Search America's historic newspaper pages from 1770-1963 or use the U.S. Newspaper Directory to find information about American newspapers published between 1690-present. Chronicling America is sponsored jointly by the National Endowment for the Humanities external link and the Library of Congress. Learn more
About The Greeley tribune. [volume] (Greeley, Colo.) 1870-1913
Greeley, Colo. (1870-1913)
- The Greeley tribune. [volume] : (Greeley, Colo.) 1870-1913
- Place of publication:
- Greeley, Colo.
- Geographic coverage:
- N.C. Meeker
- Dates of publication:
- Vol. 1, no. 1 (Nov. 16, 1870)-v. 44, no. 11 (Feb. 27, 1913).
- Greeley (Colo.)--Newspapers.
- Archived issues are available in digital format from the Library of Congress Chronicling America online collection.
- Daily eds.: Greeley tribune (Greeley, Colo. : Daily), <1908>-1908, and: Greeley tribune (Greeley, Colo. : 1908), 1908-<1912>.
- Issued with: New Windsor tribune, Sept. 7, 1893-June 28, 1894.
- sn 84022265
- Succeeding Titles:
- Related Titles:
- Related Links:
- View complete holdings information
- First Issue Last Issue
Nathan Meeker, former New York Tribune agriculture editor and Horace Greeley protégé, began publication of the Greeley Tribune in November 1870 to serve the Union Colony of Colorado. The colony, of which Meeker was the founder and president, was a private enterprise formed to promote agricultural settlement in Colorado Territory, under Greeley's patronage and encouragement to "Go West, young man, and grow up with your country." It later became Greeley, Colorado.
In 1878, Meeker left the paper and Union Colony to take an appointment at the White River Ute Indian Agency, after which Meeker's son, Ralph C. Meeker, and Edwin J. Carver shared ownership of the newspaper. Carver acted as publisher until 1882, when William Packard took over. However, Carver returned to the position by May 1885 and remained publisher and manager of the Tribune until December 1900. In January 1890, the Greeley Tribune Publishing Company, headed by J. J. Stephens, was formed, and it took over the ownership of the Tribune. Max Clark was hired as editor; he remained in that position until December 1900.
Charles A. Wolf, formerly of the Rocky Mountain News, bought a controlling interest in the Tribune in March 1901 and became the new editor. In his first issue as editor, Wolf wrote, "In identifying myself with the Greeley Tribune, I contemplate no changes in the policy of the paper politically. It will stand in the future, as in the past, for freedom and justice to all men . . . . I conceive it the mission of a local newspaper to devote most of its space to purely local matters, rather than to politics" (Greeley Tribune, March 7, 1901).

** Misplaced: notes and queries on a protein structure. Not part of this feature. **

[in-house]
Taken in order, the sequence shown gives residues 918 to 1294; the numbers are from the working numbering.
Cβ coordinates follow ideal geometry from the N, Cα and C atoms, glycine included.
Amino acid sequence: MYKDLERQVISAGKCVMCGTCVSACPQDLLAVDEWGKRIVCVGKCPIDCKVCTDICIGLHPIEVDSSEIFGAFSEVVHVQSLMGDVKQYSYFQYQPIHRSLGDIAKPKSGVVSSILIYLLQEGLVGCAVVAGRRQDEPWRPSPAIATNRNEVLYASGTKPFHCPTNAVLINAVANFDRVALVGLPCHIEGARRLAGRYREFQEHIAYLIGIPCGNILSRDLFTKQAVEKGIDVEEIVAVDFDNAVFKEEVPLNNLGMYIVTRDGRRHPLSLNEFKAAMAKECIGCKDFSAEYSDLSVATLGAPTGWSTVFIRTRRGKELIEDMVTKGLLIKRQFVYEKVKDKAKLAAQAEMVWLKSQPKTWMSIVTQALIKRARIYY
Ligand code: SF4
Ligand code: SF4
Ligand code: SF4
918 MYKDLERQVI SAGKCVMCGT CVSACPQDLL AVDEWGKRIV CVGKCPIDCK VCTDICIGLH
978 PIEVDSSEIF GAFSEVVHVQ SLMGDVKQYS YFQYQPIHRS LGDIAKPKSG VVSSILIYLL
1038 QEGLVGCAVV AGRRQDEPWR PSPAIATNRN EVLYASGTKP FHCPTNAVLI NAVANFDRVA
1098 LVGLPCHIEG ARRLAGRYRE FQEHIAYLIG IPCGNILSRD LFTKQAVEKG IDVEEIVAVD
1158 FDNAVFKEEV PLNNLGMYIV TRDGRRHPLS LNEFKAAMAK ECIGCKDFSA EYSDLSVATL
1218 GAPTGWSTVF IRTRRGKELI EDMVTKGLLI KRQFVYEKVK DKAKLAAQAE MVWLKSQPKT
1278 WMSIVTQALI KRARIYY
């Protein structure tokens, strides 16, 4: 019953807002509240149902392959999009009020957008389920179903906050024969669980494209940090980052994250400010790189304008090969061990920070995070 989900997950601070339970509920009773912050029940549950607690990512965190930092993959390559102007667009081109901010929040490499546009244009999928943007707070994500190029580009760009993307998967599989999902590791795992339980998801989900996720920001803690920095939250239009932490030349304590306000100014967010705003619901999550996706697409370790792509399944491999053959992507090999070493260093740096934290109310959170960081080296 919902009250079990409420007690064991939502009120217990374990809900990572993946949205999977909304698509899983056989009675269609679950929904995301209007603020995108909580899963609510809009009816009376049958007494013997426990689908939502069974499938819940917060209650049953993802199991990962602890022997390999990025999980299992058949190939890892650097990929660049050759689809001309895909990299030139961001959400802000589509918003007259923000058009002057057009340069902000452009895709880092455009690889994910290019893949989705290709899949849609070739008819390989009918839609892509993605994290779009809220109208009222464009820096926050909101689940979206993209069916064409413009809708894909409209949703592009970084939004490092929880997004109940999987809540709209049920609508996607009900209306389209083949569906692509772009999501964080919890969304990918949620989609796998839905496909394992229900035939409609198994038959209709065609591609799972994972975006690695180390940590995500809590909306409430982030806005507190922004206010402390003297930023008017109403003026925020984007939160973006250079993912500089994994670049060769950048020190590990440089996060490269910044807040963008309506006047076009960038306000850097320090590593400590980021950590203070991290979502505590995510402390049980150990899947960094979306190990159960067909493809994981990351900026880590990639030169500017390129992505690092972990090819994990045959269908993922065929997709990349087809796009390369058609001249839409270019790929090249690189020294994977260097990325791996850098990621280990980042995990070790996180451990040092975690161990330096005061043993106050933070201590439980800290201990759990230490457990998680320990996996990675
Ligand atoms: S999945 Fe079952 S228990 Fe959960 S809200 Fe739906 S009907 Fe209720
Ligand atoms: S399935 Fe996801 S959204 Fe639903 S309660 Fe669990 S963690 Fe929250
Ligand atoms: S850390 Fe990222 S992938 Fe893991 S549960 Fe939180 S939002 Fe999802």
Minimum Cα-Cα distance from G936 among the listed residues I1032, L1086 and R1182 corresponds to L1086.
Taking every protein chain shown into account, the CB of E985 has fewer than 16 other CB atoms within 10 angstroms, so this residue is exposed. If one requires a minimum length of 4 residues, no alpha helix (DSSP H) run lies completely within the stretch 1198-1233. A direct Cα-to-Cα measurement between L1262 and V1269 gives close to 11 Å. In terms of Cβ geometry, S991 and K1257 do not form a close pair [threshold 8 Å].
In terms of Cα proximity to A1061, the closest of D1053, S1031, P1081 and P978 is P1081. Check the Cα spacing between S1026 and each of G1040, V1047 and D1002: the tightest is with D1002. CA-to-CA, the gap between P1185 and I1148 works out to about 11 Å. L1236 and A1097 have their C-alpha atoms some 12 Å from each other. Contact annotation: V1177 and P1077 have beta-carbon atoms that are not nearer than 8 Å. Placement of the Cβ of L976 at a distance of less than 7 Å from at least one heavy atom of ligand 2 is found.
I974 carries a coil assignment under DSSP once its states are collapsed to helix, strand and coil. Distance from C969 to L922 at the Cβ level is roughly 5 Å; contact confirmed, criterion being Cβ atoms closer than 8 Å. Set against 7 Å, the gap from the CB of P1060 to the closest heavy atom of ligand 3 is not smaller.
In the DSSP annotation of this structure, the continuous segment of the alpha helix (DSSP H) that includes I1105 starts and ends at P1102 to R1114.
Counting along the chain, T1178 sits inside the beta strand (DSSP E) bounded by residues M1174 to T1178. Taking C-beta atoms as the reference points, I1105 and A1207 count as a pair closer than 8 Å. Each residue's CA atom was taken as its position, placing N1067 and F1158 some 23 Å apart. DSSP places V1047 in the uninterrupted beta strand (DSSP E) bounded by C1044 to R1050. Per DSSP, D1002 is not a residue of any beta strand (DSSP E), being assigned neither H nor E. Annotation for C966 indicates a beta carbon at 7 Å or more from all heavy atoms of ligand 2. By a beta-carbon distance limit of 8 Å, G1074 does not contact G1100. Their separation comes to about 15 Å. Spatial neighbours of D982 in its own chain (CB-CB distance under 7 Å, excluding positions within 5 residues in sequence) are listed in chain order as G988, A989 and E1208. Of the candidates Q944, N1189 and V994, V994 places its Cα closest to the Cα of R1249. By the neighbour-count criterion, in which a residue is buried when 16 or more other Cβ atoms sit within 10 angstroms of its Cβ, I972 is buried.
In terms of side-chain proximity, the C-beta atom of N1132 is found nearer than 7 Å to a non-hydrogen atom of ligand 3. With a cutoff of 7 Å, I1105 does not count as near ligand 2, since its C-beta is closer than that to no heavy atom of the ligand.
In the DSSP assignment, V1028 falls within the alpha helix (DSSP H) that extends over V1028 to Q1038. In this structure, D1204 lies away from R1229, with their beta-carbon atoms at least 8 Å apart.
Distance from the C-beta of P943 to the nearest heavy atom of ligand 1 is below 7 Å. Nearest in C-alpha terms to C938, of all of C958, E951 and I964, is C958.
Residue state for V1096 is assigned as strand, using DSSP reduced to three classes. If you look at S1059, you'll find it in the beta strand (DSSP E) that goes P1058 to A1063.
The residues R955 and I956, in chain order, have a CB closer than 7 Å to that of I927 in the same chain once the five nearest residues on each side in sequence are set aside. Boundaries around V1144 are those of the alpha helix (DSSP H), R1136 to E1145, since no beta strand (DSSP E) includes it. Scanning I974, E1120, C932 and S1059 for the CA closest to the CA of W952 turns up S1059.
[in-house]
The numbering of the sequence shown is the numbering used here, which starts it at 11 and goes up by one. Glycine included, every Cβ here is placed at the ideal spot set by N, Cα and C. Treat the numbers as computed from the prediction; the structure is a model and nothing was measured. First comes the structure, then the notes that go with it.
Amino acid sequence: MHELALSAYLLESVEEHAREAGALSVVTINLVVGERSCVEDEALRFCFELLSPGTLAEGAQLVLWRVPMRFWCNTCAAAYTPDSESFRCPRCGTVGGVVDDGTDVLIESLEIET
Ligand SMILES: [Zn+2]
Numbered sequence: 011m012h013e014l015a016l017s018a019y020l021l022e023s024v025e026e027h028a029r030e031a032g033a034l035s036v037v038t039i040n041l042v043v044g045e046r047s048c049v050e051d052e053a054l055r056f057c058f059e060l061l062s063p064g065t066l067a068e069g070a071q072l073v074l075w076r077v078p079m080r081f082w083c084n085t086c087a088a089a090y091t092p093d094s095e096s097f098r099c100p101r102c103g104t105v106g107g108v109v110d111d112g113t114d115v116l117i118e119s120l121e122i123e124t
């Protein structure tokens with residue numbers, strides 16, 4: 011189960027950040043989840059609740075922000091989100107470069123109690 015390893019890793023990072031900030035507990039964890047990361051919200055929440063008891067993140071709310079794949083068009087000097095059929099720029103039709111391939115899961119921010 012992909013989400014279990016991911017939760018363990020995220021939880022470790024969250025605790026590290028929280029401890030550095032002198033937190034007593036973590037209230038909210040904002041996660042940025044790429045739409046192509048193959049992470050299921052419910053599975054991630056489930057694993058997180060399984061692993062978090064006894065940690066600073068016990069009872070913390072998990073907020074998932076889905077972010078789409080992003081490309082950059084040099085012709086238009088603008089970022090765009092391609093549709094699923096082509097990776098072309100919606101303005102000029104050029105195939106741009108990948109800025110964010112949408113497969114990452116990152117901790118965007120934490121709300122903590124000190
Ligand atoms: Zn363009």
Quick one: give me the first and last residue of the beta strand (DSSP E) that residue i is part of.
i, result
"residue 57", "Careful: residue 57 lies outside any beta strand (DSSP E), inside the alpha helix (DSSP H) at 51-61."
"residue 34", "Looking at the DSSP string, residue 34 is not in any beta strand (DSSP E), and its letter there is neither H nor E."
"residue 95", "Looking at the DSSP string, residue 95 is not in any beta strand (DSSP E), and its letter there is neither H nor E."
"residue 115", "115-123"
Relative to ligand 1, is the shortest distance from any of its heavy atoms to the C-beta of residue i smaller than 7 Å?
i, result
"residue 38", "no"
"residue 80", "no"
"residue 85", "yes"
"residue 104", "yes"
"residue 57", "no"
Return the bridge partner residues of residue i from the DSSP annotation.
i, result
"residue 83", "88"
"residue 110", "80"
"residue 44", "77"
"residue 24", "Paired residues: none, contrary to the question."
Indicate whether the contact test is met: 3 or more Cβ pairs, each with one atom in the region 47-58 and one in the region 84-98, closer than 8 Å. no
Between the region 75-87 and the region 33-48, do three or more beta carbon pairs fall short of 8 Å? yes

The Tribune was listed in N.W. Ayer & Son's American Newspaper Annual as independent and then Democratic in its political leaning. However, from early on, the Tribune reserved the freedom, to "criticise, to oppose, or condemn any candidate for public office, any public official, or any measure of public policy," encouraged comments on political affairs and "candid expression of opinion on questions of public interest," and maintained that "healthy public sentiment is best secured by free exchange of views" (Greeley Tribune, March 18, 1891). The eight-page paper, true to Wolf's mission, focused primarily on local news items, but also included county and statewide coverage, a social column "About People and What They are Doing," state and national government news, agriculture reports, and general interest items such as serialized stories, book reviews, and fashion.
By 1903 Charles H. Hansen had become editor; in 1908, Wolf moved into the position of publisher. In that same year the paper began a daily publication alongside the separate weekly edition, the Greeley Daily Tribune. Wolf continued as publisher until 1913, when the paper consolidated the Greeley Republican and Greeley Tribune into the Greeley Daily Tribune and the Weld County Republican. Hansen stayed on as editor until 1914 and as owner and publisher until his death in May 1953. Mildred Hansen, Charles's daughter, succeeded him as publisher until 1977, when Swift Newspapers took over ownership of the publication.
Provided by: History Colorado